2.6. Variant bridi structure

Consider the sentence

Example 2.16.

 mi [cu] vecnu ti ta zo'e seller-x1 - sells goods-sold-x2 buyer-x3 price-x4 I - sell this to that for some price.

Example 2.16 has one sumti (the x1) before the selbri. It is also possible to put more than one sumti before the selbri, without changing the order of sumti:

Example 2.17.

 mi ti [cu] vecnu ta seller-x1 goods-sold-x2 - sells buyer-x3 I this - sell to that.
 (translates as stilted or poetic English) I this thing do sell to that buyer.

Example 2.18.

 mi ti ta [cu] vecnu seller-x1 goods-sold-x2 buyer-x3 - sells I this to that - sell
 (translates as stilted or poetic English) I this thing to that buyer do sell.

Example 2.16 through Example 2.18 mean the same thing. Usually, placing more than one sumti before the selbri is done for style or for emphasis on the sumti that are out-of-place from their normal position. (Native speakers of languages other than English may prefer such orders.)

If there are no sumti before the selbri, then it is understood that the x1 sumti value is equivalent to zo'e; i.e. unimportant or obvious, and therefore not given. Any sumti after the selbri start counting from x2.

Example 2.19.

 ta [cu] melbi object/idea-x1 - is-beautiful (to someone by some standard) That/Those - is/are beautiful.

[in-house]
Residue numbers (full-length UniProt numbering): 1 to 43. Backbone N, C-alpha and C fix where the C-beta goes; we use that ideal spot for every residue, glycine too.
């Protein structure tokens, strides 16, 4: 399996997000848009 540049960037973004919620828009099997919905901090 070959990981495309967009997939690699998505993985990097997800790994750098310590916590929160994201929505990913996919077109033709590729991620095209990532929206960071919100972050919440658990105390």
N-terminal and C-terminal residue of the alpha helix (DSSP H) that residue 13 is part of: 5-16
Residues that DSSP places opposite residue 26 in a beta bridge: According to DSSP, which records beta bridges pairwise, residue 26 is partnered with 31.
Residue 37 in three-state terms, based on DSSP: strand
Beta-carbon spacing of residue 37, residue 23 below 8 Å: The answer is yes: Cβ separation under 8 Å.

That is beautiful. Those are beautiful.

when the x1 is omitted, becomes:

Example 2.20.

 melbi unspecified-x1 is-beautiful to someone by some standard
 Beautiful! It's beautiful!

Omitting the x1 adds emphasis to the selbri relation, which has become first in the sentence. This kind of sentence is termed an observative, because it is often used when someone first observes or takes note of the relationship, and wishes to quickly communicate it to someone else. Commonly understood English observatives include Smoke! upon seeing smoke or smelling the odor, or Car! to a person crossing the street who might be in danger. Any Lojban selbri can be used as an observative if no sumti appear before the selbri.

The word cu does not occur in an observative; cu is a separator, and there must be a sumti before the selbri that needs to be kept separate for cu to be used. With no sumti preceding the selbri, cu is not permitted. Short words like cu which serve grammatical functions are called cmavo in Lojban.